The freckle-faced Lydon had zero acting experience but lied about being in three plays and was hired for a role opposite Van Heflin in the 1937 Broadway drama Western Waters. “I learned how to be an actor by being paid to learn,” he said. For years, he was the only one in the family with a job.

After stints in four other Broadway plays, Lydon and his family headed to Hollywood in September 1939, and he appeared in Back Door to Heaven and Two Thoroughbreds that year. Signed by RKO, he got the biggest break of his young career, getting cast as the title character in Tom Brown’s School Days (1940), the studio’s second-ever $1 million picture (Gunga Din was the first).

He signed with Paramount and noted that he worked just 63 days a year at the studio, making three films at 21 days apiece. The rest of the time he attended classes at studio school and learned how to make movies watching pros on dubbing stages and in editing rooms. That would come in handy when he segued into producing.

After Henry Aldrich’s Little Secret, Lydon knew he was going to be typecast. “It was the kiss of death when you finish up a series,” he said. “It sticks to you like glue.”

Still, he appeared in Edgar Ulmer’s Strange Illusion (1945), with James Cagney in The Time of Your Life (1948), opposite Joan Fontaine and Joseph Cotton in September Affair (1950), in John Sturges’ The Magnificent Yankee (1950) and with John Wayne in Island in the Sky (1953).

He also played Skeezix in three Gasoline Alley films at Columbia, all released in 1951 and based on a newspaper comic strip.

In notable television roles in the 1940s and ’50s, Lydon portrayed Simon Vanderhopper, who dated the daughter of Jackie Gleason’s character, on the NBC comedy The Life of Reilly and was a regular on the syndicated sci-fi show Rocky Jones, Space Ranger and on ABC’s Love That Jillstarring real-life husband and wife Robert Sterling and Anne Jeffreys.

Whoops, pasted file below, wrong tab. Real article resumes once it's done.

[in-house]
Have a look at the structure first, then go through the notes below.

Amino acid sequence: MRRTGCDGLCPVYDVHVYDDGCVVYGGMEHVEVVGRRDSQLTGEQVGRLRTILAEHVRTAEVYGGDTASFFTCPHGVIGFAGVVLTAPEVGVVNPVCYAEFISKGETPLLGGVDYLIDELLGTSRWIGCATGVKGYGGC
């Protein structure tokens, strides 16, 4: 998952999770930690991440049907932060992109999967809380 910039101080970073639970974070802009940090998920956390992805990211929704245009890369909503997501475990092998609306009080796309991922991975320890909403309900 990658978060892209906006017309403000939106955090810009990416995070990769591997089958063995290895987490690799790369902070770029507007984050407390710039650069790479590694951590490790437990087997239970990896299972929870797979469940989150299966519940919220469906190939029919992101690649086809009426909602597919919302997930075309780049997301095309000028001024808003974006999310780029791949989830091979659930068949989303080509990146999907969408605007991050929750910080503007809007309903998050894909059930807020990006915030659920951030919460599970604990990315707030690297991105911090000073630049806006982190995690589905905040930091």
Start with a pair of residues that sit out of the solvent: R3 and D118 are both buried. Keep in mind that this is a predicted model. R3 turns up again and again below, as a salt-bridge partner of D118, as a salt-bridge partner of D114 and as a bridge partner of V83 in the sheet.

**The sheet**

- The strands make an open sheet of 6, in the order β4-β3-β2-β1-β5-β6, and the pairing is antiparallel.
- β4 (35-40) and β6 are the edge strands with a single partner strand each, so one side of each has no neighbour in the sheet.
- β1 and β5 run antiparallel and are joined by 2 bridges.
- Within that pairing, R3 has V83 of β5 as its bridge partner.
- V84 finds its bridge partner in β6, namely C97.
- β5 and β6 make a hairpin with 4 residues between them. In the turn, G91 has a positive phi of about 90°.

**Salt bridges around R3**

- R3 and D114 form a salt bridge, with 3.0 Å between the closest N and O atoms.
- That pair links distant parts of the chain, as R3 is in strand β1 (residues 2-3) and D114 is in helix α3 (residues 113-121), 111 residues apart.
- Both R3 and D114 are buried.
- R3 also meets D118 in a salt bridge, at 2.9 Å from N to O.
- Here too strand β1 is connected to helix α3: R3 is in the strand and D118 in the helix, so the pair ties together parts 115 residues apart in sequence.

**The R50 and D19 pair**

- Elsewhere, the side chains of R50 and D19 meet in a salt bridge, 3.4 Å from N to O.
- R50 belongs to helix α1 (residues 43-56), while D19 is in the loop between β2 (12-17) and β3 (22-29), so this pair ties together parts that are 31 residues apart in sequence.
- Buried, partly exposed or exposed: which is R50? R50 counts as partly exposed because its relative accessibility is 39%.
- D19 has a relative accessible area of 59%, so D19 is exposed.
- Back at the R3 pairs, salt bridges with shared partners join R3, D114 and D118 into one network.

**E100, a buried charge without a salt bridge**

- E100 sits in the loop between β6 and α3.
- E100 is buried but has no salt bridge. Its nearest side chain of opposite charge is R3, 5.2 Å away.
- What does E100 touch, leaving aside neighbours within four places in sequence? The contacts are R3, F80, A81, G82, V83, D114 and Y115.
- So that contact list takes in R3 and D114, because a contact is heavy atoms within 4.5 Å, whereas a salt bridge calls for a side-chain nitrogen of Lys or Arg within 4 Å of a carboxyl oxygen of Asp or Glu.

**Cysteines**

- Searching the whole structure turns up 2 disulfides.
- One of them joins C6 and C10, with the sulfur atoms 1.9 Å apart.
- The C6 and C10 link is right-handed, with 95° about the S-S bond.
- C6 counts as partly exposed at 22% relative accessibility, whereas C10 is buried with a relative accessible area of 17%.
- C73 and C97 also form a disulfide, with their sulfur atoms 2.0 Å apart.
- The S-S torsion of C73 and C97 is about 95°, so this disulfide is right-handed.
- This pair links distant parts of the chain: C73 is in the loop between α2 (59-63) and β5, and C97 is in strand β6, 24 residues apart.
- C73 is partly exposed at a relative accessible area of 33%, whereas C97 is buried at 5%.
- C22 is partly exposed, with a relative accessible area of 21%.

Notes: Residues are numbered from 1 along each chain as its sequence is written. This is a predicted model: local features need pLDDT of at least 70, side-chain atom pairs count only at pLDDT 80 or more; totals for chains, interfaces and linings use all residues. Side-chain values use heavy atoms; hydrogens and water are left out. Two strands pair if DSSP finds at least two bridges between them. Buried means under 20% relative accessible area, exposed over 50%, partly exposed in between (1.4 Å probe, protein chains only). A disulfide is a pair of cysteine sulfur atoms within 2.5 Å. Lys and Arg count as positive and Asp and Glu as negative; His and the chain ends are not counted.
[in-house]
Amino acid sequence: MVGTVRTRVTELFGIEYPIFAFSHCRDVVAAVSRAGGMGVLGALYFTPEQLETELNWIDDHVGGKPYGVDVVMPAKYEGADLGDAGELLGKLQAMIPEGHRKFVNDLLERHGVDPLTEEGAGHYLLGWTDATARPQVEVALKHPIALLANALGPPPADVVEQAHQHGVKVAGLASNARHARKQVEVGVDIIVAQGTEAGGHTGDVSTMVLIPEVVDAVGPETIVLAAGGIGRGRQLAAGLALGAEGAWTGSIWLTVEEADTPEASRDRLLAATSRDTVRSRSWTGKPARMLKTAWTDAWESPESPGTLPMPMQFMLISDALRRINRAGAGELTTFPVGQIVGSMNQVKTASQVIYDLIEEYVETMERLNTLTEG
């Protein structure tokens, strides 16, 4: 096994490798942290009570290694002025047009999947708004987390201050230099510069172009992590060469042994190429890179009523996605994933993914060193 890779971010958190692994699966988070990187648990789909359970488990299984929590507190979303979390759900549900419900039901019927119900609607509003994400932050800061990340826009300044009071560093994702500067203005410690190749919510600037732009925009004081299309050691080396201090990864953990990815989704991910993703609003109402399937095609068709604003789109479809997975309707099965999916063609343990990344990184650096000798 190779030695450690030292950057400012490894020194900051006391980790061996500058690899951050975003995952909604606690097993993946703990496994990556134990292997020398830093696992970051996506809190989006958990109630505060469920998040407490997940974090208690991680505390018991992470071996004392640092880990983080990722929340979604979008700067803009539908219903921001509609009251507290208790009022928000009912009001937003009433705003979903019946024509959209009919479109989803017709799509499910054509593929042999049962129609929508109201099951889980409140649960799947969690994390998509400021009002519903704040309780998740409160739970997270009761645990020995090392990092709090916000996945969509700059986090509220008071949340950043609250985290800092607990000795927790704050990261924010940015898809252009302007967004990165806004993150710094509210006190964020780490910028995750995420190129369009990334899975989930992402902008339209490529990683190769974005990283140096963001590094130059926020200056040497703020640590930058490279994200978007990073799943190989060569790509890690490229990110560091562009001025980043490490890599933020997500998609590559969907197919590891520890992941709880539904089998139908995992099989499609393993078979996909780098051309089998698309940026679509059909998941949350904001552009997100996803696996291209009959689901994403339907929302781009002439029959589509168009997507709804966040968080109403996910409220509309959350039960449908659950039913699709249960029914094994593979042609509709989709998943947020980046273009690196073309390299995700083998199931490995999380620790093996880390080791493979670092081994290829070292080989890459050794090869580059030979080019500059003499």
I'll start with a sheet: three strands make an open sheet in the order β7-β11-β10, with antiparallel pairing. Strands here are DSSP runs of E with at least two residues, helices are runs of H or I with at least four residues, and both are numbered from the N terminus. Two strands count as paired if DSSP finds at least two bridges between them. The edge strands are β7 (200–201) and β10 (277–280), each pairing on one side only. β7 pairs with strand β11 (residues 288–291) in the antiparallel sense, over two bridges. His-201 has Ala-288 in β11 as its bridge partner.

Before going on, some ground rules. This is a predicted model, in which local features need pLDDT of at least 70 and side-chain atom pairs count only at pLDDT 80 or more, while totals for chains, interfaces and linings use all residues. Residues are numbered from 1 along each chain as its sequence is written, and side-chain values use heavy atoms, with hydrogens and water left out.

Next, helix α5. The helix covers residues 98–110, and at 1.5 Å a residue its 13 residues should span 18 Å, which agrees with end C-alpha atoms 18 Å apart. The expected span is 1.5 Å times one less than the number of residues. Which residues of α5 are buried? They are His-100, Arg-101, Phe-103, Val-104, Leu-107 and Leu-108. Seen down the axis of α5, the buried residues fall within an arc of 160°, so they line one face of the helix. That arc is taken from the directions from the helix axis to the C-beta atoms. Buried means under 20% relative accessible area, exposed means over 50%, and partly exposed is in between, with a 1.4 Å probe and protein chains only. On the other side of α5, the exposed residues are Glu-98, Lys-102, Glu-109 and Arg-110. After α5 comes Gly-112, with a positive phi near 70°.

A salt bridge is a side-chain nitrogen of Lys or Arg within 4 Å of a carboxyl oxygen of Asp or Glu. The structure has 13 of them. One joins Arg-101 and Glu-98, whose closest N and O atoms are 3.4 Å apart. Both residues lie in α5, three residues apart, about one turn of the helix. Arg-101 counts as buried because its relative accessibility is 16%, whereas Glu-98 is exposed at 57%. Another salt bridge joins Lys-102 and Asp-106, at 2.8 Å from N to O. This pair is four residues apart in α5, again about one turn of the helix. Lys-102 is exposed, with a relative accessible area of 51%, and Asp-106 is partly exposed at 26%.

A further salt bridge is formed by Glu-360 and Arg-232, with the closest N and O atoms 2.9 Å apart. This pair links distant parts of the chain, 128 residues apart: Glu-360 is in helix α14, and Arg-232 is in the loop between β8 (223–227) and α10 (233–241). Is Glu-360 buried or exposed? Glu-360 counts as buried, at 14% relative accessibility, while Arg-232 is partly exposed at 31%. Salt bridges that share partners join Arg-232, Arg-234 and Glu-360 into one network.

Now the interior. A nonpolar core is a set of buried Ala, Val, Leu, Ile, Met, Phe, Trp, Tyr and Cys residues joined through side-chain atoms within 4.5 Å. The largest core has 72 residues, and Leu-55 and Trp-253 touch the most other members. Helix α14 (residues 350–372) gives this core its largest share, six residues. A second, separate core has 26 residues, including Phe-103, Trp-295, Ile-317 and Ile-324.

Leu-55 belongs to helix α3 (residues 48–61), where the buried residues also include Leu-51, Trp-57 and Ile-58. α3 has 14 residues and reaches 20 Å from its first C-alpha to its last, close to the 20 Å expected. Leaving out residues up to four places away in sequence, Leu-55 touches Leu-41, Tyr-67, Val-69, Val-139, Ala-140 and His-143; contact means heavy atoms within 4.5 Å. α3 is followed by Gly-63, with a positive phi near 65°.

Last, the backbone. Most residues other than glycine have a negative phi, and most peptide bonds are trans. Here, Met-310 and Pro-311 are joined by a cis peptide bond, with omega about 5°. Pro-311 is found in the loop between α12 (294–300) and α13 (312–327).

He went on to appear on Wanted: Dead or Alive, The Life and Legend of Wyatt Earp, Wagon Train, The Twilight Zone, Cannon, Adam-12, Lou Grant and st. Elsewhere and direct an episode of The Six Million Dollar Man.

On the short-lived 1973-74 CBS comedy Roll Outcreated by M*A*S*H legends Larry Gelbart and Gene Reynolds, Lydon produced and played an Army captain named Henry Aldrich.

He became great friends with Robert Armstrong, and when the King Kong star died at age 82 in 1973, Lydon became the legal guardian of his wife, Louise, as per his will.

Lydon served as vice president of SAG under Ronald Reagan in the late 1940s, co-creating the actors’ pension and health plan. The golden age star also was a member of the DGA.

He married actress Betty Lou Nedell, who also was on The First Hundred Years, in 1952. Her mother, Olive Blakeney, portrayed his mom in many of the Aldrich movies. Lydon and Nedell were married for almost 70 years until her death two months ago.

Survivors include his daughters, Julie and Cathy, and granddaughters, Keara and Taryn.